‘Moon Knight’ Tells Us Marc Spector Is Jewish, but Fails To Engage Deeper

The superhero genre was largely developed by Jewish creators—Jerry Siegel, Joe Shuster, Jack Kirby, Stan Lee. Because of the climate of discrimination in the 40s, 50s, and 60s, though, there was a major impetus to assimilate. Few superheroes are canonically Jewish.

Nor has that changed much in our latest superhero-on-screen moment. Jewish actors like Gal Gadot and Scarlet Johansson play non-Jewish heroes. Traditionally Jewish characters like Scarlet Witch have their Jewishness written out. There’s been Magneto in the X-Men series, and a few quips by Flash in Justice League, but beyond that, super-Jews have been thin on the ground.

Moon Knight is one of a handful of Marvel heroes who are Jewish in the comics, and many fans were hoping that the Disney+ MCU series would at least nod to his Jewish roots. The fifth episode of the series does so—but in a way that’s so disappointing and confused it verges on the offensive.

The episode is incoherent and difficult to summarize, but in broad strokes: Moon Knight has two identities, Marc Spector and Steven Grant, both played by Oscar Isaac. In episode 4, he’s killed, and both selves wake up in a psychiatric hospital, which is actually the Egyptian afterlife. There is an anthropomorphic hippo that tells both personalities that they must remember their past to balance their souls and avoid eternal torment.

Through flashbacks, we learn that Marc’s brother drowned while in his care, and that his mother Wendy (Fernanda Andrade) blames him for the death. She abuses him throughout his childhood, causing him to create the personality of Steven as an escape.

We know Marc’s family is Jewish because we see the ritual of sitting shiva to mourn the dead twice. The first time Marc sits with his family at home in honor of his brother. The second time he refuses to join his father Elias (Rey Lucas) in sitting shiva for his mother. Instead, he throws his kippah, or head covering, on the ground and stalks away in anger—before the Steven personality takes over, and forgets that his mother is dead.

Observant Jews believe you are not supposed to let the kippah touch the ground; Marc’s action could therefore be read as sacrilegious, or a kind of rejection of Judaism. That doesn’t seem to be what the show is getting at though. Or at least, disagreements over Judaism don’t factor into his conflict with his mother in any other scene.

The truth is, it’s almost impossible to figure out what the show does think it’s saying about Judaism, or even near Judaism. We are given no clue as to what Marc thinks about his Jewishness. This is especially odd because the entire show is framed as an ancient Egyptian religious spiritual journey.

Jews were enslaved in Egypt and persecuted on ethnic and religious grounds. Moses had to lead them out of bondage. An Egyptian god presuming to judge the soul of a Jewish man raises a whole lot of questions, chief among them, “Where do you get off?!” Marc wouldn’t have to be especially invested in his Judaism to raise an eyebrow or two (or four) at the presumption.

But he (and the showrunners) have literally nothing to say about the relationship between Egyptian spirituality and Jewish history.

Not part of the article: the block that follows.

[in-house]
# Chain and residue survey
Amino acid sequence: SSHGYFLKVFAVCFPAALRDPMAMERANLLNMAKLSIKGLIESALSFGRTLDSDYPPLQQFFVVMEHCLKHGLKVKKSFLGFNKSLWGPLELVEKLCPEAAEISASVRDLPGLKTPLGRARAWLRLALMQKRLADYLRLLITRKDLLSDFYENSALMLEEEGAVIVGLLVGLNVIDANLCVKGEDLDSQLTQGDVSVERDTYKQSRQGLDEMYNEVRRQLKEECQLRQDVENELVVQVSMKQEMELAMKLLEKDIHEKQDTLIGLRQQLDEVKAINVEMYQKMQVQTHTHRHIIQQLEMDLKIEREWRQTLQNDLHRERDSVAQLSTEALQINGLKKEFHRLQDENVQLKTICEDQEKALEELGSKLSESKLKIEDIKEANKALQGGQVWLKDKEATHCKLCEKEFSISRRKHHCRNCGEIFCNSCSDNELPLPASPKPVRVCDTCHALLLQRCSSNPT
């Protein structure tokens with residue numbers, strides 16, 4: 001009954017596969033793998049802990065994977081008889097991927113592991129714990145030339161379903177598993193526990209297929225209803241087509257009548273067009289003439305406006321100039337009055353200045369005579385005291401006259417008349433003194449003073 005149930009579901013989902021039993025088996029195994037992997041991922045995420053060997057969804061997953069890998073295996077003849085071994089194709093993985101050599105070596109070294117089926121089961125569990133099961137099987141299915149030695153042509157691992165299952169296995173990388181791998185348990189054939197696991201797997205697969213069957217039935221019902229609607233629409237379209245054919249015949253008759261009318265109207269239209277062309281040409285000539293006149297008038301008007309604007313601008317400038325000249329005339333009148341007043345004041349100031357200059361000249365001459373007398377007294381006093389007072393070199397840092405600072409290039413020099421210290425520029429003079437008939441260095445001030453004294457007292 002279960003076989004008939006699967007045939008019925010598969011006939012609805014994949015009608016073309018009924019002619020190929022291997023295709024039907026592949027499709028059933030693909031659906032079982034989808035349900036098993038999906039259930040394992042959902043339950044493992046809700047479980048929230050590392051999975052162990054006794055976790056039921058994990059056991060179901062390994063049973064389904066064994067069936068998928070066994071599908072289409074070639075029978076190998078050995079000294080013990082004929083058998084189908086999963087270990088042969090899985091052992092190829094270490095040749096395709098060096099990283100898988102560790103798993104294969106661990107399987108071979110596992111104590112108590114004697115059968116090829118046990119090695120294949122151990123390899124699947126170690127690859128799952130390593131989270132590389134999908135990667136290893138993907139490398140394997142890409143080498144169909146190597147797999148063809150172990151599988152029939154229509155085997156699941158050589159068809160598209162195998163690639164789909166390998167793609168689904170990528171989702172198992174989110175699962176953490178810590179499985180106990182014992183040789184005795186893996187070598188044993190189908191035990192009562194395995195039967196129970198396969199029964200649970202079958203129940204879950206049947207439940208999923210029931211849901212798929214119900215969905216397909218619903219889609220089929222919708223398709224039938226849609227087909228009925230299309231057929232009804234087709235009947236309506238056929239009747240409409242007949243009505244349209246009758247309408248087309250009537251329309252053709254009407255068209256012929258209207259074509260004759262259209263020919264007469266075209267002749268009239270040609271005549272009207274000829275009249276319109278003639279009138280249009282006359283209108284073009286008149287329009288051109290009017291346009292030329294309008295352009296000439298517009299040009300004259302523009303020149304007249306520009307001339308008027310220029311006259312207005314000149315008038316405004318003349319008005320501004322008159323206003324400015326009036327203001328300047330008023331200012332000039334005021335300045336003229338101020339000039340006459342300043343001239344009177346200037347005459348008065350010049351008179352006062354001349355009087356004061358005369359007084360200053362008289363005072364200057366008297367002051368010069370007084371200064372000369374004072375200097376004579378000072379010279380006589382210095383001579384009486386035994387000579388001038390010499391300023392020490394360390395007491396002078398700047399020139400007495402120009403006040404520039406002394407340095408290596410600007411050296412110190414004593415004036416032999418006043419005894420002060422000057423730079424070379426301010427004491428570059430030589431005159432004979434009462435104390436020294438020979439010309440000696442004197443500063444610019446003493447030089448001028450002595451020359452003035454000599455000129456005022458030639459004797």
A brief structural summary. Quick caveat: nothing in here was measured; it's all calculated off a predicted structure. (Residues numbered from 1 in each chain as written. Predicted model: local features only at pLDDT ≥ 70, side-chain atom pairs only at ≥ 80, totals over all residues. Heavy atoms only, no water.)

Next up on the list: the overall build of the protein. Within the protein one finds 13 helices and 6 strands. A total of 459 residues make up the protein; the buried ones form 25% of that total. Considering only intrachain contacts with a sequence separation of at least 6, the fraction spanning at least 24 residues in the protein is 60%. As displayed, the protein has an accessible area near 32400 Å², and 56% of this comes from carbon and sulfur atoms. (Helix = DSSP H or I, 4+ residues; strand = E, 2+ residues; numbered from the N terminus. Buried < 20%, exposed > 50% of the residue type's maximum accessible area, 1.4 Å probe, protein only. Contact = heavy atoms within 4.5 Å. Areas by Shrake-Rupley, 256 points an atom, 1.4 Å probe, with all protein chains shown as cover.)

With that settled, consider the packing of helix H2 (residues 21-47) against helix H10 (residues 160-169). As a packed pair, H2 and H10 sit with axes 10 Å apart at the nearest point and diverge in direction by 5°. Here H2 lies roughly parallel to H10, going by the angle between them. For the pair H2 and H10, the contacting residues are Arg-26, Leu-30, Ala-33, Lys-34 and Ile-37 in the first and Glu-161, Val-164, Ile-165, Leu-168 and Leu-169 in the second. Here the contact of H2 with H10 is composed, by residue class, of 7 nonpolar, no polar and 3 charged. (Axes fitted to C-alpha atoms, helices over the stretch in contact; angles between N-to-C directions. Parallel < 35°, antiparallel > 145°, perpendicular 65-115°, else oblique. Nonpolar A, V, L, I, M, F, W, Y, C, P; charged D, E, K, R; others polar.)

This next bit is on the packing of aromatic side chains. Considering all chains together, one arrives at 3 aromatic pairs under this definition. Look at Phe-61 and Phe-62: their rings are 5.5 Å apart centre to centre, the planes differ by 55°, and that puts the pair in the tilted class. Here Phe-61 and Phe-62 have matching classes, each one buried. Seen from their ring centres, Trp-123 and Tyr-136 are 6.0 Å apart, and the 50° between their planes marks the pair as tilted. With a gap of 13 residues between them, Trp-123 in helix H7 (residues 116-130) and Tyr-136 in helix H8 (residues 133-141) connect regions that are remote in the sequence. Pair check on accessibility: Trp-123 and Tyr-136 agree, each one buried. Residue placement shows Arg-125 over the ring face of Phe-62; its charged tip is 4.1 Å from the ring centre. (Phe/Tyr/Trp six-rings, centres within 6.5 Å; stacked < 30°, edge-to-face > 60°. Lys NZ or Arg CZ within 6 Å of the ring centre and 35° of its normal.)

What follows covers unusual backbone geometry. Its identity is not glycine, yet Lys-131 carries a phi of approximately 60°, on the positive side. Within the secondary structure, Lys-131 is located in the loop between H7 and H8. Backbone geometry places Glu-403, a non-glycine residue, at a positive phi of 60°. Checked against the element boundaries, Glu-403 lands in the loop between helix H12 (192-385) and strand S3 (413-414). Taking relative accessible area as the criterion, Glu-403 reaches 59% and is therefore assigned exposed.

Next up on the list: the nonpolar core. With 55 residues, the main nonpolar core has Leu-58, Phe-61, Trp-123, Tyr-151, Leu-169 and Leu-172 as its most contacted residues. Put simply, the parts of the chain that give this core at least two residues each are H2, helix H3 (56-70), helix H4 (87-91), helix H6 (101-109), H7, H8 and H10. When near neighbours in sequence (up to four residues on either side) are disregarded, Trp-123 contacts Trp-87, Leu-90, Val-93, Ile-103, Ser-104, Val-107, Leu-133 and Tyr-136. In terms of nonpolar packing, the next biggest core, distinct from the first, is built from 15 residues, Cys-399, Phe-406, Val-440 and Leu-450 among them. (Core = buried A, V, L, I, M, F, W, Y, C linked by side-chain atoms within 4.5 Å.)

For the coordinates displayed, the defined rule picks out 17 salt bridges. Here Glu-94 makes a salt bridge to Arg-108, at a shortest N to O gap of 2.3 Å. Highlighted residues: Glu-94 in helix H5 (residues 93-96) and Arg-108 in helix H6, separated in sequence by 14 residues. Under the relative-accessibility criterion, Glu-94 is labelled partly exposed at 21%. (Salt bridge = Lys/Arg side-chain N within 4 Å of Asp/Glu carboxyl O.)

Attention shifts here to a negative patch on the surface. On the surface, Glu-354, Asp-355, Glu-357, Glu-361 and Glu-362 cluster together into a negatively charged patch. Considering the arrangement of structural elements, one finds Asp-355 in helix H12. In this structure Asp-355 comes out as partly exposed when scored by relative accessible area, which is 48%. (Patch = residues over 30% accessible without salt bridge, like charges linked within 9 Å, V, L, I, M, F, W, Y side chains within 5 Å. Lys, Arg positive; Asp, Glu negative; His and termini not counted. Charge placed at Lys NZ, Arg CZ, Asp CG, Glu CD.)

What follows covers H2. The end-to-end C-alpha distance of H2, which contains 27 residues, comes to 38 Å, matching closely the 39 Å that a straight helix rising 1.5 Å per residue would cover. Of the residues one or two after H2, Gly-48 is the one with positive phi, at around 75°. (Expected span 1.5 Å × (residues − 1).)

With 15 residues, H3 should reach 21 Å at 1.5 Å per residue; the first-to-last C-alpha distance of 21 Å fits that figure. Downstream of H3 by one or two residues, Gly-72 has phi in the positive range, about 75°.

Jewish people aren’t a monolith; there’s no one right way to portray Jewish identity. I’m a Jewish atheist myself, and my family was less observant than Marc’s from the little we see of their practice. I don’t need Marc to make some great profession of faith. I don’t even need his Jewishness to be that important to him.

But if it’s not important to him, I’d like to know how it’s not important to him. Did he enter the service of the Egyptian God Khonshu with a “good riddance” to his Jewish heritage? Was he a Jewish atheist who had to shunt aside his nonbelief when the Egyptian Gods started casting miracles in his direction? You’d have to be a lot more cut off from Jewish tradition than Marc seems to be not to notice that it’s a little weird for a Jewish guy to be mucking about with all these strange gods. Again, maybe you don’t care! But there’s a whole commandment that says you should, and you’d be bound to think about that a little, even if just to laugh at it.

To be fair, it’s not just the Jewishness. Virtually everything about Moon Knight is confused and adrift. Why on earth does Marc’s second personality have a British accent? How many different tragic backstories does one character need? How can the plot be so uninvolving? This is not a good show, so it’s not a surprise that they handle the Jewish aspects of the character poorly.

Still, I can’t help feeling a little irritated when the show goes out of its way to tell me Moon Knight is Jewish and then goes even further out of its way to avoid engaging with any of the ways that that Jewishness might actually affect his relationship to his own experiences or plot. Watching this, I don’t feel seen. I feel like I want to kick Marc, all his identities, and various mystical hippos, right in the tuchus.

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This post was produced and syndicated by Wealth of Geeks.

Image Credit: Marvel Studios.


Noah Berlatsky is a freelance writer based in Chicago. His book, Wonder Woman: Bondage and Feminism in the Marston/Peter Comics was published by Rutgers University Press. He thinks the Adam West Batman is the best Batman, darn it.